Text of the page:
Macau may have the top spot in global casino revenue, but neighboring Singapore is hot on its heels, with some saying the latter’s gaming model will be the blueprint for other Asian countries looking to emulate it's growth.
"It's the Singapore model…of a large integrated resort with convention operations, entertainment operations," Chad Mollman, Equity Analyst at Morningstar told CNBC on Friday, referring to the Marina Bay Sands, one of the country's two integrated resorts owned by Las Vegas Sands. The nation’s other casino play - Resorts World Singapore - is run by Malaysia’s Genting and features both a casino and a theme park.
The idea is simple: provide sidebar attractions to draw in the customers. In the case of Marina Bay Sands, the heavy focus was on conventions and high-end restaurants, while Resorts World Sentosa provides a more family-friendly draw with its Universal theme park.
The end game is to pull in tourism money; and regional countries are paying attention. Mollman says a number of countries including Japan and Taiwan are closely studying the Singapore model and may pass legislation sometime in the next 18-36 months, authorizing casinos for the first time.
“They (Singapore) opened these 2 huge casinos are doing $3 billion revenue each,” he said. “That has increased tourism by 20 percent in Singapore so it's really the desire for tourism that's making these other countries look at the Singapore model.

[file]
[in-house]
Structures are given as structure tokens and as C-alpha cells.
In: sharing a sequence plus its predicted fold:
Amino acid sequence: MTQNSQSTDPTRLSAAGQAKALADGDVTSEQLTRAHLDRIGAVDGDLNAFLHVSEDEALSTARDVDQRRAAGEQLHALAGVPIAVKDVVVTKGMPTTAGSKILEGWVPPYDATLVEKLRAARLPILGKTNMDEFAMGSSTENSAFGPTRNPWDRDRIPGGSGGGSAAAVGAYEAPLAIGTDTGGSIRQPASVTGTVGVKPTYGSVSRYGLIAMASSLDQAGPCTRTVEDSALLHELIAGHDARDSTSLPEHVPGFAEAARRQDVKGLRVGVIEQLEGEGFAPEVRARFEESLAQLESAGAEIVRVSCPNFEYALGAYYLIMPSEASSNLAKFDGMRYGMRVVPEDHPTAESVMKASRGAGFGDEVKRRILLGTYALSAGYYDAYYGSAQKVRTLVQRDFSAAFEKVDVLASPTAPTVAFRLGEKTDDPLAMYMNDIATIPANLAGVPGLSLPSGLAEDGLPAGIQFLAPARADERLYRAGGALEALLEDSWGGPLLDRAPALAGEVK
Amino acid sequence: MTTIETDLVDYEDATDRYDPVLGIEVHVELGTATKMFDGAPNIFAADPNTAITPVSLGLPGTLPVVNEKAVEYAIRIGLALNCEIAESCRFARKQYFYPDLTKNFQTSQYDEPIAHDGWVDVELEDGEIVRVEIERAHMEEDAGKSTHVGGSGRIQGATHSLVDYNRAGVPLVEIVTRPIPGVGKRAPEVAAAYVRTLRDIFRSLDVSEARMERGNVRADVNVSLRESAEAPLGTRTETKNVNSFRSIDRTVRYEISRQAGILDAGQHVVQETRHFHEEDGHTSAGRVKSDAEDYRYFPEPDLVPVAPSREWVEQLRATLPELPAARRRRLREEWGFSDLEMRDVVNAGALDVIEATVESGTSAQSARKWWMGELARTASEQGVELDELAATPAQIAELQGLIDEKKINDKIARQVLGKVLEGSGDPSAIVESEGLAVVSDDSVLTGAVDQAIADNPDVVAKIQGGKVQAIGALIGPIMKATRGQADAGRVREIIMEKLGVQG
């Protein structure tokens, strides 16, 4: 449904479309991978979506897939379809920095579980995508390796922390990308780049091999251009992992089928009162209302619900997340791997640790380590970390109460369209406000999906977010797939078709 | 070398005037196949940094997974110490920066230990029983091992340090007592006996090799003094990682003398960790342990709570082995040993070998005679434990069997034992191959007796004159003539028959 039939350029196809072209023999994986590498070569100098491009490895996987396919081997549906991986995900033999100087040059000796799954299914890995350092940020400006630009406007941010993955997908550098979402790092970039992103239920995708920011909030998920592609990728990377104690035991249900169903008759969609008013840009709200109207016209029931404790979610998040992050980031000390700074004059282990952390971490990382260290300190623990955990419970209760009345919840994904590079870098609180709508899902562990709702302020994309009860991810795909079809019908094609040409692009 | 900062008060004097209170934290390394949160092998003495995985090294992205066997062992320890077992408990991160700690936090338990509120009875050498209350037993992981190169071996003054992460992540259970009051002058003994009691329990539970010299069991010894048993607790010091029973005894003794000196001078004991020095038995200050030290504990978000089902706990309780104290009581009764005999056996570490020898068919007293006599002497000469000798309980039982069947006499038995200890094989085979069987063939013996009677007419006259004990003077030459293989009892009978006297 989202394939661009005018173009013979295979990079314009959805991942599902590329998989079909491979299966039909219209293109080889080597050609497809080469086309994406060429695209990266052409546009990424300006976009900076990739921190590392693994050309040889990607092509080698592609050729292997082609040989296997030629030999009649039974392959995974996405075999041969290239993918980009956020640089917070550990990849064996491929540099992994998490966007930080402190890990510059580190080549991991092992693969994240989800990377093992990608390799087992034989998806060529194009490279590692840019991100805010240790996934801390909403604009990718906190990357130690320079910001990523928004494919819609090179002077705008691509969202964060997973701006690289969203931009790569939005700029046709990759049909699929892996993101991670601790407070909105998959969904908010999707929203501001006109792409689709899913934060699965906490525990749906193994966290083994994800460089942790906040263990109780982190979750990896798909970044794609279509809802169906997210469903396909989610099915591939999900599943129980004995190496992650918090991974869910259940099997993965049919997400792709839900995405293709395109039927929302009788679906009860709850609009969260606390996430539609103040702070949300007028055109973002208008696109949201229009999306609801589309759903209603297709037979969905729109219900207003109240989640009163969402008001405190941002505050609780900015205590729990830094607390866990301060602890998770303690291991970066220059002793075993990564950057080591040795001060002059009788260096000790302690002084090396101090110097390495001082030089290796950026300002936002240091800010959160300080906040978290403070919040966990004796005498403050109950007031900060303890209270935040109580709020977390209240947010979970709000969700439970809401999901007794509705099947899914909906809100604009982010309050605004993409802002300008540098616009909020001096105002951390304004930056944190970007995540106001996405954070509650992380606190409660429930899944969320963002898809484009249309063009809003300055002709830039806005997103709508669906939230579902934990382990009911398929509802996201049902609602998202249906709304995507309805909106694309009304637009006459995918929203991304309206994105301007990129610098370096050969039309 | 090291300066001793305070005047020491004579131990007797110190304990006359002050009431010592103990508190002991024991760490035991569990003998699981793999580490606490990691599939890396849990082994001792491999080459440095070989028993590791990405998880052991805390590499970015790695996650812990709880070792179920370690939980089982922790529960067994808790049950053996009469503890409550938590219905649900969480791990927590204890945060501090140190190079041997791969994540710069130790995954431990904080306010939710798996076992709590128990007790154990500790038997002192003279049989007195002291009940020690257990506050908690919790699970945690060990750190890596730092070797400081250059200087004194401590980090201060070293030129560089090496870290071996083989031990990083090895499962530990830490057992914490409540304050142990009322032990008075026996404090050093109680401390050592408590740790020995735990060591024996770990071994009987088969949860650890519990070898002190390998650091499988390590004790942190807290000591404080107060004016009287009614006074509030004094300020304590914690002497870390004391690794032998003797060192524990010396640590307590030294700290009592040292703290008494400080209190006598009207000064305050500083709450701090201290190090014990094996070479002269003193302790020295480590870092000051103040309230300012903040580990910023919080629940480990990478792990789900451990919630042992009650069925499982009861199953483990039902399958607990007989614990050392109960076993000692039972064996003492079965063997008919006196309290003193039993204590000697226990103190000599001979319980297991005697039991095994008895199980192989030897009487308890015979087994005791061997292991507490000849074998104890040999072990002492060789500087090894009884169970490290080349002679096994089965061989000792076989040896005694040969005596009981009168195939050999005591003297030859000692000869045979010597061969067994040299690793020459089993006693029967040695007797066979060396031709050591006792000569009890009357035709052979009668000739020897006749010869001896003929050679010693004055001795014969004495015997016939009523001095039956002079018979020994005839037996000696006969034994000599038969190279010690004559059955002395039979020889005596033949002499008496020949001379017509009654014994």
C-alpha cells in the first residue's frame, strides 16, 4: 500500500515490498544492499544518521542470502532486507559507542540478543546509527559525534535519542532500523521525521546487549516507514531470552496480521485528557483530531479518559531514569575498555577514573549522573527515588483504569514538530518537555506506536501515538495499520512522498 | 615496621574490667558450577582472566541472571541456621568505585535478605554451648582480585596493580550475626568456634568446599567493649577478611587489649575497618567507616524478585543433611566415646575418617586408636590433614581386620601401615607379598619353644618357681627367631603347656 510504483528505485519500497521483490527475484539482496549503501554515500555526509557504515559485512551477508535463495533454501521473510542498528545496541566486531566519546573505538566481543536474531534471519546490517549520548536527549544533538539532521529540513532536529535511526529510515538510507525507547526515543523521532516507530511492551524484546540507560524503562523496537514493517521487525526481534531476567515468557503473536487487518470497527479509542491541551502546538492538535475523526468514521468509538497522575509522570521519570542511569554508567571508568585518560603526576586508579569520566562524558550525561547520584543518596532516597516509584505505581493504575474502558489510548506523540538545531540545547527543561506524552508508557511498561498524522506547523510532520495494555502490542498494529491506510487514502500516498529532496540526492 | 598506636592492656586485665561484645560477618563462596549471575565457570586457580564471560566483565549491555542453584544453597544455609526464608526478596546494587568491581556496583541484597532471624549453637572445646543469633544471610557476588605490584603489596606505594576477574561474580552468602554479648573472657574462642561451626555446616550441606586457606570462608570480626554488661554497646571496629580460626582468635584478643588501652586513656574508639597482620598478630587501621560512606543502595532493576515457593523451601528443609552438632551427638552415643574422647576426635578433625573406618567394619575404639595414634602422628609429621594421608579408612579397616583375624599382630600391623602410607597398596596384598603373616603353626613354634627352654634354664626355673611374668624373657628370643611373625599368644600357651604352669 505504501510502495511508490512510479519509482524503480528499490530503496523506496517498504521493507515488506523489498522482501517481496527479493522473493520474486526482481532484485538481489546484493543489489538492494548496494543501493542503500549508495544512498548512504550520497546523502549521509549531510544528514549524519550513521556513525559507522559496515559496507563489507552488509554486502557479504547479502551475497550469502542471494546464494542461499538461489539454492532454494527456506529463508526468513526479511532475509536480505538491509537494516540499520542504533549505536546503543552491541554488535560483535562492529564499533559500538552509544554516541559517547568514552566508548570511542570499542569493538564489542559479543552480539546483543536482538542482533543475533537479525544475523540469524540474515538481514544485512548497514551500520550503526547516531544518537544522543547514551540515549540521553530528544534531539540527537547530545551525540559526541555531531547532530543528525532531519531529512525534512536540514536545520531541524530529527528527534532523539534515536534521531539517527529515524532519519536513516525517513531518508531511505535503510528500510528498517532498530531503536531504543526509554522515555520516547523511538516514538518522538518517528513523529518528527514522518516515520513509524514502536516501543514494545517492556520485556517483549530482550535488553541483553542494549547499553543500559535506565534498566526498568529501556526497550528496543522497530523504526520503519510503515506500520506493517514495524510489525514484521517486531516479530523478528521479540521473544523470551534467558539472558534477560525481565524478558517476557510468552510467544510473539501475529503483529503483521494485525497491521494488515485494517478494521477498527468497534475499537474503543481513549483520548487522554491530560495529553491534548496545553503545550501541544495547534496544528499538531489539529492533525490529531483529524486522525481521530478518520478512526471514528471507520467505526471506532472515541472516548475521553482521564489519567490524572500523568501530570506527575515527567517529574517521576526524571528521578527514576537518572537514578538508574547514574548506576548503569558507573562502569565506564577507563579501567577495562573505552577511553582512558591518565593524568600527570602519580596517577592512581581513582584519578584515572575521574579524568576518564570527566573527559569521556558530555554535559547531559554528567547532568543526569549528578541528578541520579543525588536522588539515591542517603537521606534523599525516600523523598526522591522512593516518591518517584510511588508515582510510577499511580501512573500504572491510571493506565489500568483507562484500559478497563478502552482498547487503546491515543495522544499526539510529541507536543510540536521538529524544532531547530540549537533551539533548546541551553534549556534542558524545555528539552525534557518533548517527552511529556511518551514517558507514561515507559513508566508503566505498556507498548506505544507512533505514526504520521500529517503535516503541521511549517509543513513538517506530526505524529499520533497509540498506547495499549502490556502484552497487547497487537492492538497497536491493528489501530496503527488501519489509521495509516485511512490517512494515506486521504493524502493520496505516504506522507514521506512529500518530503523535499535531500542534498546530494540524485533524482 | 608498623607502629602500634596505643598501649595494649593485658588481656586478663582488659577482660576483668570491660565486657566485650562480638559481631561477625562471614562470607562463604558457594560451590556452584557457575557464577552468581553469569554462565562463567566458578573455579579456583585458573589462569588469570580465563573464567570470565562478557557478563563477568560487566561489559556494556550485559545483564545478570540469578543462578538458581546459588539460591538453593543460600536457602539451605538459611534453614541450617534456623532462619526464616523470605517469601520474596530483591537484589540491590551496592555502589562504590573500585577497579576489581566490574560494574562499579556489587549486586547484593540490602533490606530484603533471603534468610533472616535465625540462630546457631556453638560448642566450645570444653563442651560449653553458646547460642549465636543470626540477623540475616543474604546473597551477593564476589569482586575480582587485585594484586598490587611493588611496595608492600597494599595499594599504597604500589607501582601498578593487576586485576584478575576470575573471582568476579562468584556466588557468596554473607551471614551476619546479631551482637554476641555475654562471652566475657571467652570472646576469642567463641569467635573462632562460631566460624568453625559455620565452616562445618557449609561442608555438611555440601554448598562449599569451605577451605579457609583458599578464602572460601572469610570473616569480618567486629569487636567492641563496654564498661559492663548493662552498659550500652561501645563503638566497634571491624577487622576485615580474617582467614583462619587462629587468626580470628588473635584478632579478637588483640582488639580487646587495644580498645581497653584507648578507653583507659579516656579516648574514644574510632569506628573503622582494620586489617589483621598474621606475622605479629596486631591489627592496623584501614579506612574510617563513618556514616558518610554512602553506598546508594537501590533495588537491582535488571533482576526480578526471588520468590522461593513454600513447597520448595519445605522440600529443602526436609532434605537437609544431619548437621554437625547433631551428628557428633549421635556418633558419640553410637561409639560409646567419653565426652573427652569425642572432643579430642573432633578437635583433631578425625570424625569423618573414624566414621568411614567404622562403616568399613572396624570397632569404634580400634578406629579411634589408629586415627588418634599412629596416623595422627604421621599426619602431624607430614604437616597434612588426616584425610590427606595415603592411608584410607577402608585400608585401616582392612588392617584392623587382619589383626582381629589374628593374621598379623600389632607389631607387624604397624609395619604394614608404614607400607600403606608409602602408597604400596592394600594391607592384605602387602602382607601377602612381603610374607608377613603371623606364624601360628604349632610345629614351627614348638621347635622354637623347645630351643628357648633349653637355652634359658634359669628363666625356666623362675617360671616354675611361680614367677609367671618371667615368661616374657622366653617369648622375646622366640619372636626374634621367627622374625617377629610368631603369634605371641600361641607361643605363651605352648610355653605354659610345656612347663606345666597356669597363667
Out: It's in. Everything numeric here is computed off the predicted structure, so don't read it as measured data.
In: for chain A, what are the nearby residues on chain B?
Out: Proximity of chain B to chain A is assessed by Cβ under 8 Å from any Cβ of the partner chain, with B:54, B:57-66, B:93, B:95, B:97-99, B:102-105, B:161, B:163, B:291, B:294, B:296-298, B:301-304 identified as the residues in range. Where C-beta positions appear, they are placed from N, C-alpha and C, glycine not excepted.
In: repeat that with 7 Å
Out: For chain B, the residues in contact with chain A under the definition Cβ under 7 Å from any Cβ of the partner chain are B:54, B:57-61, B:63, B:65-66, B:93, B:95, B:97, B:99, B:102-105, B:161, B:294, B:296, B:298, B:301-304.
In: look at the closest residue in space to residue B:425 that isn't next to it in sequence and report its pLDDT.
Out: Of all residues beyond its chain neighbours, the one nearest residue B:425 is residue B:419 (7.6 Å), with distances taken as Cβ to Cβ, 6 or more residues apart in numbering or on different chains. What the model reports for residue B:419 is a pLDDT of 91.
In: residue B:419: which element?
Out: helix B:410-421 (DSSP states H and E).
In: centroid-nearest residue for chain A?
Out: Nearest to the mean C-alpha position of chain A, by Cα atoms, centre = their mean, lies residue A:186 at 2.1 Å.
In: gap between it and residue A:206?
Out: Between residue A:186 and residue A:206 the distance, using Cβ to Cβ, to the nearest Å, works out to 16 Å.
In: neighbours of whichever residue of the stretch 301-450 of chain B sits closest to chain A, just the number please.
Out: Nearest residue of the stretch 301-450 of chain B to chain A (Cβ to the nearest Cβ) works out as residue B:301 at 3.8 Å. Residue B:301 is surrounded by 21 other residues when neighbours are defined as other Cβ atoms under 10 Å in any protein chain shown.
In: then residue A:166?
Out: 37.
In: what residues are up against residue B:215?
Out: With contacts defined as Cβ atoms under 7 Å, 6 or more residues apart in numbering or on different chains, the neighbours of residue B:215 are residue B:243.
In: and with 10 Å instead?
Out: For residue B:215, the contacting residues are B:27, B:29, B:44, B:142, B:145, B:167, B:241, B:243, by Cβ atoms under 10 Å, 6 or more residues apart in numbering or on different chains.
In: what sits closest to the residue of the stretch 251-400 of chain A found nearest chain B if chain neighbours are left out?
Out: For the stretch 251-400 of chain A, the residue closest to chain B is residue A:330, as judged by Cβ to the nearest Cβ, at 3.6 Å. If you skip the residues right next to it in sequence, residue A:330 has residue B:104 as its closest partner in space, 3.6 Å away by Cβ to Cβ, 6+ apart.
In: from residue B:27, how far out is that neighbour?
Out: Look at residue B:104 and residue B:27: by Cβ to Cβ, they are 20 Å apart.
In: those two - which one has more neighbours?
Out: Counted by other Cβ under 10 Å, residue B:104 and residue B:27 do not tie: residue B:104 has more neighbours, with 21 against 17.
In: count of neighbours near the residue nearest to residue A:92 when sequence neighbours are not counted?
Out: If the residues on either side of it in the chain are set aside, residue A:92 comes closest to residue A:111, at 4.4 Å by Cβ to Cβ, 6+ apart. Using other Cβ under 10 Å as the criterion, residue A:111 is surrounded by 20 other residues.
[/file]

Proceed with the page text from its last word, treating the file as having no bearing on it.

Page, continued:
The bet seems to have paid off. Singapore welcomed a record 11.6 million tourists last year; and in the first nine months of 2010, the resorts accounted for 1.7 percent of the country’s gross domestic product (GDP). Analysts are expecting the sector to make up a quarter of the country’s GDP growth this year.
In terms of gaming revenue, Singapore raked in $5.1 billion last year, putting it in third place behind Las Vegas, which generated $5.8 billion, according to the American Gaming Association. Macau remains in first place with a whopping $23 billion.
But Singapore may topple Vegas as soon as this year, with gaming revenue set to top $6.4 billion.
"You look at Vegas, it's a mature market, it's saturated, we have over 900 casinos and it's very cyclical, the market was down about 20 percent in Vegas 2007 to 2009,” Mollman said.
“Asia is really unique in that it has a very strong VIP market, so you have gamers betting anywhere from $5000 to $200,000 dollars per hand, and Vegas just doesn't have those high rollers, that type of customer only makes up 10-15 percent of the revenue there,” he added.